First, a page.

In Case You Were Curious…About Chicken Wings

In Case You Were Curious…About Chicken Wings

July 29, 2020

  • Buffalo wings originated in Buffalo, New York, where they are not called Buffalo wings, but just "wings" or "chicken wings."
  • Chicken wings became a US nationwide phenomenon after the Buffalo Bills in the NFL appeared four consecutive years in the Super Bowl in the early 1990s.
  • Thanksgiving is actually the most popular day to eat chicken wings – the Super Bowl comes in second.
  • According to an NCC survey, 54-percent of wing eaters prefer traditional, bone-in wings while 46-percent chose their boneless cousin. Boneless wings are typically white, boneless chicken breasts cut into strips, breaded or floured and tossed with Buffalo sauce.
  • According to the National Chicken Council's (NCC) 2016 Wing Report, 1.3-billion chicken wings are typically consumed on Super Bowl weekend, which equals more than 100-million pounds of chicken wings.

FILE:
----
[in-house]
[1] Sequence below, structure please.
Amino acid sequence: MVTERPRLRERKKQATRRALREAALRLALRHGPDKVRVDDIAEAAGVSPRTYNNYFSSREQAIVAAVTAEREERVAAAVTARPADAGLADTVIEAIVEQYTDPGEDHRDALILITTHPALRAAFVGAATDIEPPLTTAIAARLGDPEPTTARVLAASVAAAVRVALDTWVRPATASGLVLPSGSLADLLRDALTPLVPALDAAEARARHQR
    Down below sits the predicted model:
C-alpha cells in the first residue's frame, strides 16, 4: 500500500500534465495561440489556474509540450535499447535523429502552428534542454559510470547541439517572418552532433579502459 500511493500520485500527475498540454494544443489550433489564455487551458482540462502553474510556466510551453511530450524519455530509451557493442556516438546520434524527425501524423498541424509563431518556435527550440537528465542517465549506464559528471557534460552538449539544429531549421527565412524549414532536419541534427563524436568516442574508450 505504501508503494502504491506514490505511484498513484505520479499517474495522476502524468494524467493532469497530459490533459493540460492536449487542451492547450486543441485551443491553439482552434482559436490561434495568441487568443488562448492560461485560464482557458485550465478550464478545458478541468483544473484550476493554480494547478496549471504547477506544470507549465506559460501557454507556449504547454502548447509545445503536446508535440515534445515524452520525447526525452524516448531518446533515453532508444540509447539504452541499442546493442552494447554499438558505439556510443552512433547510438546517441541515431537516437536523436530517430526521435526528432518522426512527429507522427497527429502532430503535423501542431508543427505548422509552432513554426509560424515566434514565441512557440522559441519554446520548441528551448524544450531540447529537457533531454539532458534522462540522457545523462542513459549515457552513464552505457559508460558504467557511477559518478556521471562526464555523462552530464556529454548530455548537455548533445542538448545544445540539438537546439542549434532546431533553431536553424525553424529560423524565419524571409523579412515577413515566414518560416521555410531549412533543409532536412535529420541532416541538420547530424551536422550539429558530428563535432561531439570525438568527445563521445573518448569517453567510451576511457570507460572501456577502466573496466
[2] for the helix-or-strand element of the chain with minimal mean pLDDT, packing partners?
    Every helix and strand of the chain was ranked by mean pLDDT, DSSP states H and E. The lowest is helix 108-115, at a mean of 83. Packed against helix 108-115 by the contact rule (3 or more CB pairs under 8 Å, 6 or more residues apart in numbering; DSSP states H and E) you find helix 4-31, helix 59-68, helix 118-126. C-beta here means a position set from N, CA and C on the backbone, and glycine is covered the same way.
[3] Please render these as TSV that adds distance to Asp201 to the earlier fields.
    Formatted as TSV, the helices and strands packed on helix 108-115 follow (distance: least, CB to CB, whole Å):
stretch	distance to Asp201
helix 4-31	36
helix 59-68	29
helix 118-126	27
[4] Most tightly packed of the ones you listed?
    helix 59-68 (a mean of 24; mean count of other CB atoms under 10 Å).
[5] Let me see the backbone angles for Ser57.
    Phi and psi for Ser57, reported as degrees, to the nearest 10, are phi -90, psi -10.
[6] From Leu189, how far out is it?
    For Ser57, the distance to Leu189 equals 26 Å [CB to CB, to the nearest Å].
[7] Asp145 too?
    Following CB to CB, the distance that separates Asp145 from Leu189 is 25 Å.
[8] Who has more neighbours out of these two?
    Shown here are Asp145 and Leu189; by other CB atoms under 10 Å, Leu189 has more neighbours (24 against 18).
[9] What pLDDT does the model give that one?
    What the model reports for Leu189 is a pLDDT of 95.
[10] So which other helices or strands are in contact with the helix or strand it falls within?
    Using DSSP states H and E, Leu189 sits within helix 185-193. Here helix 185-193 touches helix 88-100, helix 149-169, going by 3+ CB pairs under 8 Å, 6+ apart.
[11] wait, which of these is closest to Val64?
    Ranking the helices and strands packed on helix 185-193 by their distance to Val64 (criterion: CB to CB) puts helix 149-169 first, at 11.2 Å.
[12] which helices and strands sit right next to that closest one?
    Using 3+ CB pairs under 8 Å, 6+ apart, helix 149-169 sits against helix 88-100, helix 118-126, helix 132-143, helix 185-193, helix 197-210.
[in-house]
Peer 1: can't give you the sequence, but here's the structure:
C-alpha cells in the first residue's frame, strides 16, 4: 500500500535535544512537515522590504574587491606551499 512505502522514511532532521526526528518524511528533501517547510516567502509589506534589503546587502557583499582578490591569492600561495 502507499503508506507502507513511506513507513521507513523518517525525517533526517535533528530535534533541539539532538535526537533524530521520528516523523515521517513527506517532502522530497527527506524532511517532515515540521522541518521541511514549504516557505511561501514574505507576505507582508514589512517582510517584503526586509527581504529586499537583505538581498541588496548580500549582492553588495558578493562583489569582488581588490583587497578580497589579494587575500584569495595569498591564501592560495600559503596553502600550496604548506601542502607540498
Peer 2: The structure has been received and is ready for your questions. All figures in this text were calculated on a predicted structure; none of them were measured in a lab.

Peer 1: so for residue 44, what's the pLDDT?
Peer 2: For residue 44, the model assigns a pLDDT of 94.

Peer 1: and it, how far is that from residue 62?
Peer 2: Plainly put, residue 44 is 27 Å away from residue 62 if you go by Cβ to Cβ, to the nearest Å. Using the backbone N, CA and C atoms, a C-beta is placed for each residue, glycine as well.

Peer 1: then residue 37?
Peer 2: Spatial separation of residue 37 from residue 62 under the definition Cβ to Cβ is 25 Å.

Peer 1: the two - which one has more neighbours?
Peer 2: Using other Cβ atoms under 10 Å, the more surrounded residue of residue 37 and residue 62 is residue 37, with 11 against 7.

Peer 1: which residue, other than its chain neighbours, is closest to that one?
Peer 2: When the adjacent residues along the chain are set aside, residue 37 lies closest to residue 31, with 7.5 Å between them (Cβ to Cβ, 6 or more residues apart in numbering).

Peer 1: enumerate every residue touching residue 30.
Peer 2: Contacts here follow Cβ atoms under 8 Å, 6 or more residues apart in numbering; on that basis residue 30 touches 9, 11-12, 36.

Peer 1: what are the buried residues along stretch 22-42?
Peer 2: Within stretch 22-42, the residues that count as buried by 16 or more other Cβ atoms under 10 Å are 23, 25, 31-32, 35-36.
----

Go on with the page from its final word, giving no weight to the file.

• 3-billion chicken wings is enough for every man, woman and child in the United States to have four wings each
  • If those 1.3-million chicken wings eaten on Super Bowl weekend were laid end to end, they would reach a quarter of the way to the moon or circle the Earth over two times.
  • This year, eating wings during the Super Bowl was up 3%, or 37.5-million wings, from last year’s big game.
  • 23% of Super Bowl viewers eat chicken wings, which makes them the second most popular food item on Super Bowl Sunday after dips and spreads.
  • Of those who eat chicken wings:
    • 46-percent prefer the drumette
    • 25-percent the flat
    • 10-percent prefer their wings whole
    • 19-percent say they don’t have a preference, they like them all.
  • If one of the three Power Ball winners spent his/her entire lump sum on chicken wings, they could buy about 123-million pounds of wings, or only 76% of the 1.3-billion wings eaten Super Bowl weekend.
  • Wanna make your own wings at home? You can find traditional and unique chicken wing recipes on the National Chicken Council website ateatchicken.com

Source:National Chicken Council

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